In low-wage countries, entrepreneurs are carefully weighing business opportunities, making careful analyses of the market and their own strengths and weaknesses. Some have already decided to take the leap, as for example Dr Arjun Kalyanpur, CEO of Teleradiology Solutions and Dr. Ashis Dhawad, COO of TeleDiagnosys Services, both based in India, who provide night-hawk services mainly to US hospitals. Others are likely to follow suit. These examples show that the business concept is a viable one and also prove that patients, insurers and governments in the developed world accept the principles of radiology outsourcing. The main factors that limit outsourcing are licensing issues and a relative lack of well-trained radiologists in low-wage countries.
Future of Radiology Outsourcing
It is time for radiologists to take the issue of outsourcing seriously and deal with the relevant issues. For example: How much of our work will be influenced? How should we define our role in “new” radiology? How will practices change? Consider these points in turn. Data indicates that more than 90% of all radiology examinations could be outsourced. Take, as an example, the average radiology practice in The Netherlands. CT, MRI and conventional radiographs, that can be readily sent for remote reporting, make up 23, 16 and 35% of total production, respectively, when expressed in a time-related production parameter. Ultrasound examinations, accounting for 19% of production, could be sent out for remote reporting in practices where technicians perform the examinations and images are reviewed at a later time by the radiologist, as is custom in the United States. In fact, only 6% of radiology production in vascular and interventional radiology are exempt from potential outsourcing.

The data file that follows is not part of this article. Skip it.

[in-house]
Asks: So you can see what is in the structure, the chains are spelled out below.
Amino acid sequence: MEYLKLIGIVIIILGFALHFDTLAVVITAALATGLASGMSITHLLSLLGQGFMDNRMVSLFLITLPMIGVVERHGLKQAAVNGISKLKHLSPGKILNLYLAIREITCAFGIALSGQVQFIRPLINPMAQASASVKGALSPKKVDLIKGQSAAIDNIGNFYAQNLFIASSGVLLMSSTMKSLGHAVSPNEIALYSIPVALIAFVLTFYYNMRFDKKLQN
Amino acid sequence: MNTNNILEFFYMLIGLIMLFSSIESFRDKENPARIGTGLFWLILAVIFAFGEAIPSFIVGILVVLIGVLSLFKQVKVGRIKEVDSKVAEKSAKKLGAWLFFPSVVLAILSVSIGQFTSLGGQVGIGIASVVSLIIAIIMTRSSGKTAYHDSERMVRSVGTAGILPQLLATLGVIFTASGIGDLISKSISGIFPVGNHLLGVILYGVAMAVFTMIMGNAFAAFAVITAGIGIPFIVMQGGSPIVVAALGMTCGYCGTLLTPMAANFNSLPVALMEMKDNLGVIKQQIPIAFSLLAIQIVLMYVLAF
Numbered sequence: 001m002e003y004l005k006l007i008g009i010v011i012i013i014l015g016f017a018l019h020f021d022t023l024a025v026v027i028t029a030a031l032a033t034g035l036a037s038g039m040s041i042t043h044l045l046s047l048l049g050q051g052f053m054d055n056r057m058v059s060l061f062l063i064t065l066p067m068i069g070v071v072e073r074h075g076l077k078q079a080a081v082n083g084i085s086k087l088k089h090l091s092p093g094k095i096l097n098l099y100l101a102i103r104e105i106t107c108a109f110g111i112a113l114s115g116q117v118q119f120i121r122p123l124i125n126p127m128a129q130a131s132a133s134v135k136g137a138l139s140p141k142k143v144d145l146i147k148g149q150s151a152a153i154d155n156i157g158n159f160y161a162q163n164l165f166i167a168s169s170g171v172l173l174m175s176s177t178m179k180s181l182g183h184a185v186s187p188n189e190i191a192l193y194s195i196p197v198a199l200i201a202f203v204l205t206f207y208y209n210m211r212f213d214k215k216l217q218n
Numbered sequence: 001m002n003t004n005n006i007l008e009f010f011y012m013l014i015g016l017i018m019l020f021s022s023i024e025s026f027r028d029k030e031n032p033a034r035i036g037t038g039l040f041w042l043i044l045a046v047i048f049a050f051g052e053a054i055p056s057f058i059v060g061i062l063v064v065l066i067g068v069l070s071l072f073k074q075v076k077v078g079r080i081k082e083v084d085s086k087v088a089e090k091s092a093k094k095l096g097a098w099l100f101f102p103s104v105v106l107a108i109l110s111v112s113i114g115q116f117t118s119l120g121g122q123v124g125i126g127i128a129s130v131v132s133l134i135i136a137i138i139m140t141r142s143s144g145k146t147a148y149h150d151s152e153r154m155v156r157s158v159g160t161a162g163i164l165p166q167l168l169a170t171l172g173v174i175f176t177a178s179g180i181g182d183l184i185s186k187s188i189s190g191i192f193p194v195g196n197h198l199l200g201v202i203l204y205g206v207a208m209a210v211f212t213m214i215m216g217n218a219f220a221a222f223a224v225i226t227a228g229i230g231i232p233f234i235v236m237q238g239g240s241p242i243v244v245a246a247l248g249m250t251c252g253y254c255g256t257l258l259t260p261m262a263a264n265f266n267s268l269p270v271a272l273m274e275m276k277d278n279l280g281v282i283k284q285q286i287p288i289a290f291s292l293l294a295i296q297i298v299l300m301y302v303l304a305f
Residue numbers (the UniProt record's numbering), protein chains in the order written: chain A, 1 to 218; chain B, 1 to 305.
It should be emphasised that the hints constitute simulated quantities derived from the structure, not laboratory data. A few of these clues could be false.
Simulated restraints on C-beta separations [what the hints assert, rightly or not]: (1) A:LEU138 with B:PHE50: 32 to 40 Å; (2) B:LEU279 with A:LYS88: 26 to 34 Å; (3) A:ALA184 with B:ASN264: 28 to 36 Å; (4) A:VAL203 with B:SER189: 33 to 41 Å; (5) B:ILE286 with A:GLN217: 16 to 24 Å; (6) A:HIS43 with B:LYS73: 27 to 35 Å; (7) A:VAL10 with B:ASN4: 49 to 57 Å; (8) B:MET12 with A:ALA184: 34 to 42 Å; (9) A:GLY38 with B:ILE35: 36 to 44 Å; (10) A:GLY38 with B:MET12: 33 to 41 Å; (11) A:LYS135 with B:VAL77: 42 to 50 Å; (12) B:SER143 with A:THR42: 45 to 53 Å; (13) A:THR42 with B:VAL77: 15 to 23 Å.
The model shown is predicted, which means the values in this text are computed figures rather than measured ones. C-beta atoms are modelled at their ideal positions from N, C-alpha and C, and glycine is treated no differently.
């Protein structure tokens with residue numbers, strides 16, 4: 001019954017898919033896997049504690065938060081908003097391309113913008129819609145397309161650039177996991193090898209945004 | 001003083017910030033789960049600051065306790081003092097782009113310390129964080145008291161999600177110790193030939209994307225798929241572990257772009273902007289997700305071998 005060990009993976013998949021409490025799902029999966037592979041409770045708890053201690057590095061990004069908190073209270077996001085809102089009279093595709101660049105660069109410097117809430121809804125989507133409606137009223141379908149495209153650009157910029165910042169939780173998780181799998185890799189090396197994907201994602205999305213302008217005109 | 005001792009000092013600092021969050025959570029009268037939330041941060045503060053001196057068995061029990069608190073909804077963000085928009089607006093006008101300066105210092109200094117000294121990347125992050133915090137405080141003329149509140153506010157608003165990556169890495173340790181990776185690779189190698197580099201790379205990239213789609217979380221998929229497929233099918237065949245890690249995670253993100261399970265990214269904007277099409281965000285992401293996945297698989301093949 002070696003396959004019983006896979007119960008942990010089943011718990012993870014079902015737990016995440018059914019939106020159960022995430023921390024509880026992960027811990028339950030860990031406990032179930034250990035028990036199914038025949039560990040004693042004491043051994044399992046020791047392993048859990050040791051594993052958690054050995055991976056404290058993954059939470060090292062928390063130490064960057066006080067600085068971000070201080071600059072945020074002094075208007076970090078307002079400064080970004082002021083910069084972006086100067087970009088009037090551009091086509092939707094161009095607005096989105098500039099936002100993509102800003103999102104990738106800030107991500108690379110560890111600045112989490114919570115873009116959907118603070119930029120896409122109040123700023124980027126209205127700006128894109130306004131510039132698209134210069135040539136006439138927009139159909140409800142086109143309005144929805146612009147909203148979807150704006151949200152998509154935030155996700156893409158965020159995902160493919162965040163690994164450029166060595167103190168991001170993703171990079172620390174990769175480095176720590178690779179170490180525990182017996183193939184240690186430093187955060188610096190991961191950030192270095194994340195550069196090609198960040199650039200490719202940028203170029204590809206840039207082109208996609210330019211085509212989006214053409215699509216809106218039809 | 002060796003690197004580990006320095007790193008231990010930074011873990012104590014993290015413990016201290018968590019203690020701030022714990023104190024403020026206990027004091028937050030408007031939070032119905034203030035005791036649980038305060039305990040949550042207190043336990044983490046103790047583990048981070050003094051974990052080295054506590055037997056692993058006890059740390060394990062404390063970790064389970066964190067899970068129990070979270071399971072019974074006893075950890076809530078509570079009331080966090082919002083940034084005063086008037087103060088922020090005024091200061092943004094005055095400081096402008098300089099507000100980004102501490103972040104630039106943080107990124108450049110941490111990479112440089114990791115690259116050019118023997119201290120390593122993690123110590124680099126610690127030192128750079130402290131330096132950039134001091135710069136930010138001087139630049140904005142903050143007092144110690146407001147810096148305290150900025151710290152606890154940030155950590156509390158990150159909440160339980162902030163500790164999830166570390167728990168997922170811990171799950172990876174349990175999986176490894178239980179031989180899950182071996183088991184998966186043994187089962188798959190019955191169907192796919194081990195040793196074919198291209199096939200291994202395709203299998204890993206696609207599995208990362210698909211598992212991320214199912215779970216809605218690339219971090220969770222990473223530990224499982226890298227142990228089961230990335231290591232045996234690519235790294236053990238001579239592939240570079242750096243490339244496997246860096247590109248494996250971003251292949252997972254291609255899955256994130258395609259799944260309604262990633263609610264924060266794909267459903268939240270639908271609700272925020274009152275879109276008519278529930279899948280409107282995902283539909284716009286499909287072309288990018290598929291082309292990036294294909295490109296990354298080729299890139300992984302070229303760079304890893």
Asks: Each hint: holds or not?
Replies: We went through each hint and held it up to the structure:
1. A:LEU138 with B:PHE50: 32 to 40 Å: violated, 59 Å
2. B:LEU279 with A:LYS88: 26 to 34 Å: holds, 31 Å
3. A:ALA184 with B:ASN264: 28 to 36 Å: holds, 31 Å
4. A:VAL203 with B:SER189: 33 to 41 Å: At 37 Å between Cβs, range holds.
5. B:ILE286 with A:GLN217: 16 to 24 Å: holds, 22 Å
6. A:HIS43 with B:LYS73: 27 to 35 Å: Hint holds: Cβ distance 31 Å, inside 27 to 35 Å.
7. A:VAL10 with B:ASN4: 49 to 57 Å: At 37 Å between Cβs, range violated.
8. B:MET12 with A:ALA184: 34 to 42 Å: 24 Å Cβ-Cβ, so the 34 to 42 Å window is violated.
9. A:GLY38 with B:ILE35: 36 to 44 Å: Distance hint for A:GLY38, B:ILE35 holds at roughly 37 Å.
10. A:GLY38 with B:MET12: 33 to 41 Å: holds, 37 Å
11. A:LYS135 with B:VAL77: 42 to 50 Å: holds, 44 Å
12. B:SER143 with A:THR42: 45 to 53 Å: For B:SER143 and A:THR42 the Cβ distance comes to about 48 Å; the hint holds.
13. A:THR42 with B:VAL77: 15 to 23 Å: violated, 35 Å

When defining our role in light of radiology outsourcing, it should be clarified that a radiologist’s job entails more than making the radiology report. An entire chain of processes has taken place before the radiology exam is actually ready for reporting. Also, the relevance of findings in the radiology report must be carefully analysed. These tasks are the responsibility of the radiologist and are part of his “imaging consultant” function (see table below).
In patient care, radiologists guard the patients’ individual diagnostic work-up in its entirety and tailor the examination to the specific clinical needs. Radiologists check whether an examination is justified and as such, protect the medical system against self-referrals and manage workflow and quality assurance of imaging departments. Being the imaging consultant to the other clinicians in the hospital identifies the “added value” of the radiologist.
Diversifying Our Role